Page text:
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The Prospects for the UK Commercial Property Marketplace in 2020

The commercial property market has proved to be remarkably resilient in the last few years, despite considerable political and economic upheaval. The big question is, in the lead up to the next General Election, what does 2020 have in store?
If you’re considering buying or selling a commercial property in the near future, read this round-up of predictions on what the future holds.

A brief overview of the recent past

 

In order to predict what might happen to the commercial property sector in 2020, it’s important to first identify the key trends in 2018 and 2019.
After Brexit was announced, the media abounded with reports that property prices would fall across all sectors. This never really happened. In fact, confidence in commercial property remained high, though some investors seemed to be adopting a more cautious approach.
Overseas sales were up, with plenty of investment from Asia. In particular, interest in industrial properties rose significantly. We also saw more engagement with commercial premises in the North, as companies started to cotton onto the lower prices and potential for growth there.

Is 2020 looking good?

 

Of course, the property market will be impacted by the results of December’s General Election. If Boris Johnson manages to ‘get Brexit done’, then this is likely to have a major effect. However, a hung parliament may cause Brexit to stall once more, or another party may put forward a fresh referendum to determine whether Brexit will even happen at all.
Some predictions can be made in spite of this. If we go by what’s happened in the last couple of years, it seems unlikely that commercial property sales will suddenly drop off. Indeed, the market’s recent resilience has boosted investor confidence.
ONS data (1) shows that the number of VAT or PAYE businesses in the UK grew in 2019, as did the number of companies and public corporations. With many of these investing in commercial premises, it demonstrates clearly that business is good in the UK, and this trend is likely to continue.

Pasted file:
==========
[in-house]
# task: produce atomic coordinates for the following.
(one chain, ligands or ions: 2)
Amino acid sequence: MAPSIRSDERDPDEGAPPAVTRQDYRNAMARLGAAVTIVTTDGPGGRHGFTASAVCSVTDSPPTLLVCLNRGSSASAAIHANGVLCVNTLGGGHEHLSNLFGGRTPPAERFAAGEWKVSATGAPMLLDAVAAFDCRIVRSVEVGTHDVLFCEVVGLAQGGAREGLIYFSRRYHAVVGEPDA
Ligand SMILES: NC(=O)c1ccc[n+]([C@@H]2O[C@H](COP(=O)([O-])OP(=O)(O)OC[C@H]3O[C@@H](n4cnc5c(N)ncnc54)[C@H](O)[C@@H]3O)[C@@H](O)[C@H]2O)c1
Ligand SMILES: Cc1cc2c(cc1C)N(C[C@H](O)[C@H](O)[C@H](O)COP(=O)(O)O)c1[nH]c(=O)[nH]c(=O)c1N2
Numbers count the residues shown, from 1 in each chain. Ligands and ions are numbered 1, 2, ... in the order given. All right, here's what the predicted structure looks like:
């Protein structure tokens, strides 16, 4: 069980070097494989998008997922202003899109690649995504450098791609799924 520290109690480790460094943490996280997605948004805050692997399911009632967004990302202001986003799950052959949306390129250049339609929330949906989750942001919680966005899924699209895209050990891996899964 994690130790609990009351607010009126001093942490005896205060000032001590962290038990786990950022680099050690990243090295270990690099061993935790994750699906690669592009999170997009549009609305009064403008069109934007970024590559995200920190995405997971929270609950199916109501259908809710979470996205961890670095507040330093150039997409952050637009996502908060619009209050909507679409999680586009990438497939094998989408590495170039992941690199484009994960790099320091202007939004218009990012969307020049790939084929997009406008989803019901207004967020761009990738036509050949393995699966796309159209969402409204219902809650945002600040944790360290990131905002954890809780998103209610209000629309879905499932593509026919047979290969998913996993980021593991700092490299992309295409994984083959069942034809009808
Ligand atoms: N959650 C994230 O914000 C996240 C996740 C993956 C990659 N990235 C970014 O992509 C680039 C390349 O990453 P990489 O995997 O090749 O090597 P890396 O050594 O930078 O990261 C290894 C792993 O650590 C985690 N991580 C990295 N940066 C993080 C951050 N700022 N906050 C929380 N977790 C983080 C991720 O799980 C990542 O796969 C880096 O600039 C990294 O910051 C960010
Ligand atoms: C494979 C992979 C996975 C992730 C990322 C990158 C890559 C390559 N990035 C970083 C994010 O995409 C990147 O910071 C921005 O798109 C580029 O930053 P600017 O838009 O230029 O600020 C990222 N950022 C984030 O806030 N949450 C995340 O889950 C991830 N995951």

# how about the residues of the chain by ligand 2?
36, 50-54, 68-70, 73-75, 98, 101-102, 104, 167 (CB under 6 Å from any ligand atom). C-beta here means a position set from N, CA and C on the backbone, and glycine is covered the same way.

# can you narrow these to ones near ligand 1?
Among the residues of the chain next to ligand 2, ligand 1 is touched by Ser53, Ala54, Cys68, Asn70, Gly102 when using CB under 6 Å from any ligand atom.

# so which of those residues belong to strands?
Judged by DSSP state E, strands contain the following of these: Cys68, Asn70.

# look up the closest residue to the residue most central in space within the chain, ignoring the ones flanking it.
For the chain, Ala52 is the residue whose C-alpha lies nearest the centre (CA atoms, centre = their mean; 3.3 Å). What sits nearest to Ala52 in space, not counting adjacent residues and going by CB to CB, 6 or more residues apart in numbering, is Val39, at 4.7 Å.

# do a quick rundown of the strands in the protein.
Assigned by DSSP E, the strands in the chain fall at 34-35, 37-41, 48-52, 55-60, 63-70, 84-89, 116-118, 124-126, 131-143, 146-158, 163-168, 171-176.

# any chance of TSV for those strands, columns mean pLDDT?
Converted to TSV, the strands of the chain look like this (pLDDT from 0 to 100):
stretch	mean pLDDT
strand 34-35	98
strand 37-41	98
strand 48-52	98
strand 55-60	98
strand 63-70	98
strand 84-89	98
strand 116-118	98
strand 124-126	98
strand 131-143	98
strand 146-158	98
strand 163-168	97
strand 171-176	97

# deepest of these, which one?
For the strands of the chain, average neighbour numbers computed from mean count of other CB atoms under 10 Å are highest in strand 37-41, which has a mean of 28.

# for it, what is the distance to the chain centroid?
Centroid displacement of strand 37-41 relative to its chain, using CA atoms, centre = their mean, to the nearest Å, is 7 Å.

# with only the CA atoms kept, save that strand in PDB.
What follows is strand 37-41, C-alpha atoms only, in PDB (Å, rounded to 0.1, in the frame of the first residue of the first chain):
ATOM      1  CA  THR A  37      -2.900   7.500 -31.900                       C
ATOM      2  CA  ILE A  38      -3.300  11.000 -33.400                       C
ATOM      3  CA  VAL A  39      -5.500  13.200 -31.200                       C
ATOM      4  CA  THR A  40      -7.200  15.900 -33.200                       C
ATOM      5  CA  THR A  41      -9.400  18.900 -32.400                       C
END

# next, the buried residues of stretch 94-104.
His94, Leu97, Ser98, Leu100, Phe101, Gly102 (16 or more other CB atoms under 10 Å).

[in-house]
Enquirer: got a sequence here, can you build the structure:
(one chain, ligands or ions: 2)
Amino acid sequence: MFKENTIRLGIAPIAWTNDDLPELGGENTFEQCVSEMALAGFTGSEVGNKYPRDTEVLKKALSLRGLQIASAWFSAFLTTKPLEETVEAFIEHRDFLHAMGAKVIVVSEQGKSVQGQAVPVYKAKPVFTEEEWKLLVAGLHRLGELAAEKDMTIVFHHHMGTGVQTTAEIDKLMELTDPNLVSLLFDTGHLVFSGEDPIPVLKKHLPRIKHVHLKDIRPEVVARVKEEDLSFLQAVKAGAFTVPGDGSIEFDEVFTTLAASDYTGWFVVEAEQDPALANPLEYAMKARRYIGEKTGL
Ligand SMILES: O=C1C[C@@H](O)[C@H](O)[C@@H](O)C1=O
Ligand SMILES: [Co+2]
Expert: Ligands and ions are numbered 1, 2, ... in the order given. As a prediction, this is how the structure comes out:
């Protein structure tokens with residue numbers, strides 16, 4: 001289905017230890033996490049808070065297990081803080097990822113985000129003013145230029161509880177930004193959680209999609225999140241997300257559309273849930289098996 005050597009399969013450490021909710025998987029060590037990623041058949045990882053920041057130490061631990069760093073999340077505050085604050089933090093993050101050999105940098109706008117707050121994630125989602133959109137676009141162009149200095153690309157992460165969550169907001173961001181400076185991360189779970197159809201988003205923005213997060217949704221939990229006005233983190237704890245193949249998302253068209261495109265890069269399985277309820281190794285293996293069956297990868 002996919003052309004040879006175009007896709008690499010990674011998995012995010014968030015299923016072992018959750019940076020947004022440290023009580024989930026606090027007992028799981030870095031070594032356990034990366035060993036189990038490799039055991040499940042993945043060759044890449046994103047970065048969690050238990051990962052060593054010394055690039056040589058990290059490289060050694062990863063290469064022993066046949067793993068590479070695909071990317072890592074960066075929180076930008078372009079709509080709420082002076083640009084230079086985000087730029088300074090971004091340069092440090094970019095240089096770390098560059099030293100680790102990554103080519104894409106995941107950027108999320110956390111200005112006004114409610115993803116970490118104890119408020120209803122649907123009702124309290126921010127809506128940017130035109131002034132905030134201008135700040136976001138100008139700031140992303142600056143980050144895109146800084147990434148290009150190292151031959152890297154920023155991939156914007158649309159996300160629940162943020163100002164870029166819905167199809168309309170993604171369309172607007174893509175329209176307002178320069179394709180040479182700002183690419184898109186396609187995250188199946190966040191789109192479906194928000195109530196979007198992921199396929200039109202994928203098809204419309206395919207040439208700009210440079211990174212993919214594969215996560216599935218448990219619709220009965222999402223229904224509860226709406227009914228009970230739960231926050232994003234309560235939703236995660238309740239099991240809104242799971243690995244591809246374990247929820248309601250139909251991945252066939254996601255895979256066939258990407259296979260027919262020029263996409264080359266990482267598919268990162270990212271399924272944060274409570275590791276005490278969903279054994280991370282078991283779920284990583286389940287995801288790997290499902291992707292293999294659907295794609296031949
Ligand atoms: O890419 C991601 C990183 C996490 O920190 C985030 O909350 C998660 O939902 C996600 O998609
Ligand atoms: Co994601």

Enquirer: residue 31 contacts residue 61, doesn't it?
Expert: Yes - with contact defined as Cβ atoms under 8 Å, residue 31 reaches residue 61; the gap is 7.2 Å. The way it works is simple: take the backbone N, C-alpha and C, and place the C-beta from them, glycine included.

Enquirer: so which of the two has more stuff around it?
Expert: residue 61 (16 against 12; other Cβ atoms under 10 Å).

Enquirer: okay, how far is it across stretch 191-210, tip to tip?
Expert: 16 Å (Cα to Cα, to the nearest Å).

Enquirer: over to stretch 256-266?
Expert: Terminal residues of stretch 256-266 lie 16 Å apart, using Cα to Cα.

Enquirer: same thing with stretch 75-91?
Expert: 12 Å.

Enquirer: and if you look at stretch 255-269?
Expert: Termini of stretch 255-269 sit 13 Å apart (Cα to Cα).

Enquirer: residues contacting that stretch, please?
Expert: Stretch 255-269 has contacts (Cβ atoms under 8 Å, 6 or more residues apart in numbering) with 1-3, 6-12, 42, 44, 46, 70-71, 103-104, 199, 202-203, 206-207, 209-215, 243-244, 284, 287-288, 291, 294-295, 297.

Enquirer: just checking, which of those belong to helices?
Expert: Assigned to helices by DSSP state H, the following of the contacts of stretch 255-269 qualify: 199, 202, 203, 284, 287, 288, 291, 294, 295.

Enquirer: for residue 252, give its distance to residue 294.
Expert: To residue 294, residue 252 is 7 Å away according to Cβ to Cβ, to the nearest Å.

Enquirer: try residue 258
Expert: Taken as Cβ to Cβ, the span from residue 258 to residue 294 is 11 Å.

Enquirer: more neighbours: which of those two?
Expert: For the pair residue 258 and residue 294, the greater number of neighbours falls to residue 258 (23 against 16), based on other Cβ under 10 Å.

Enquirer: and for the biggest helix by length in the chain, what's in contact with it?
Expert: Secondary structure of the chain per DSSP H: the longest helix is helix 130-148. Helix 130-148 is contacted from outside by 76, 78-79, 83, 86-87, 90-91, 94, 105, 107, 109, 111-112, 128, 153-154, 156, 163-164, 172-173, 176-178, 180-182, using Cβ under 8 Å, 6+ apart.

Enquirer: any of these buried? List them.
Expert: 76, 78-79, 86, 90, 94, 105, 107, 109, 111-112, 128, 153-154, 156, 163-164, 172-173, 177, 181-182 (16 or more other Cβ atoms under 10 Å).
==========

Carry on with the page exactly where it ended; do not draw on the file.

What’s the deal with Brexit really?

 

An extensive market survey showed that many investors feel that the Brexit impasse is having a detrimental effect on commercial property take-up. There has been decline in some sectors towards the end of 2019; notably retail, which has suffered much of the brunt of investor cautiousness. Of course, this is also due to other factors, such as increased spending online, rather than on the high street.
Office take-up was also slightly affected (but not to the same extent), and the industrial sector, in defiance of Brexit, continues to flourish.
The exact impact of Brexit will depend largely on what sort of deal is on the table. A no-deal Brexit, for example, is likely to produce much more noticeable ripples in the market, whereas if a good deal is in place, this isn’t so likely.

What will happen to the retail sector?

 

It’s true that take-up of retail properties has fallen in the last few years, but experts predict that this situation could change. The average household spends around £2,500 per month (2), which means that there’s still plenty of interest in retail. Savvy businesses are starting to appreciate that, in order to survive on the high street, they need to offer something that rivals online shopping.
Step forward experiential shopping, combined with greater use of technology. This new, interactive form of shopping has already proved successful with several major brands, and may be what’s needed to revive interest in the high street stores. This, in turn, will result in boosted interest in the commercial retail property market.
Indeed, some savvy businesses are already making the most of the reduced retail premises prices, in anticipation that they’ll rise in the future. Some are also exploring the option of sale and lease-back (SLB), which offers greater financial freedom, and greater opportunity to develop their business.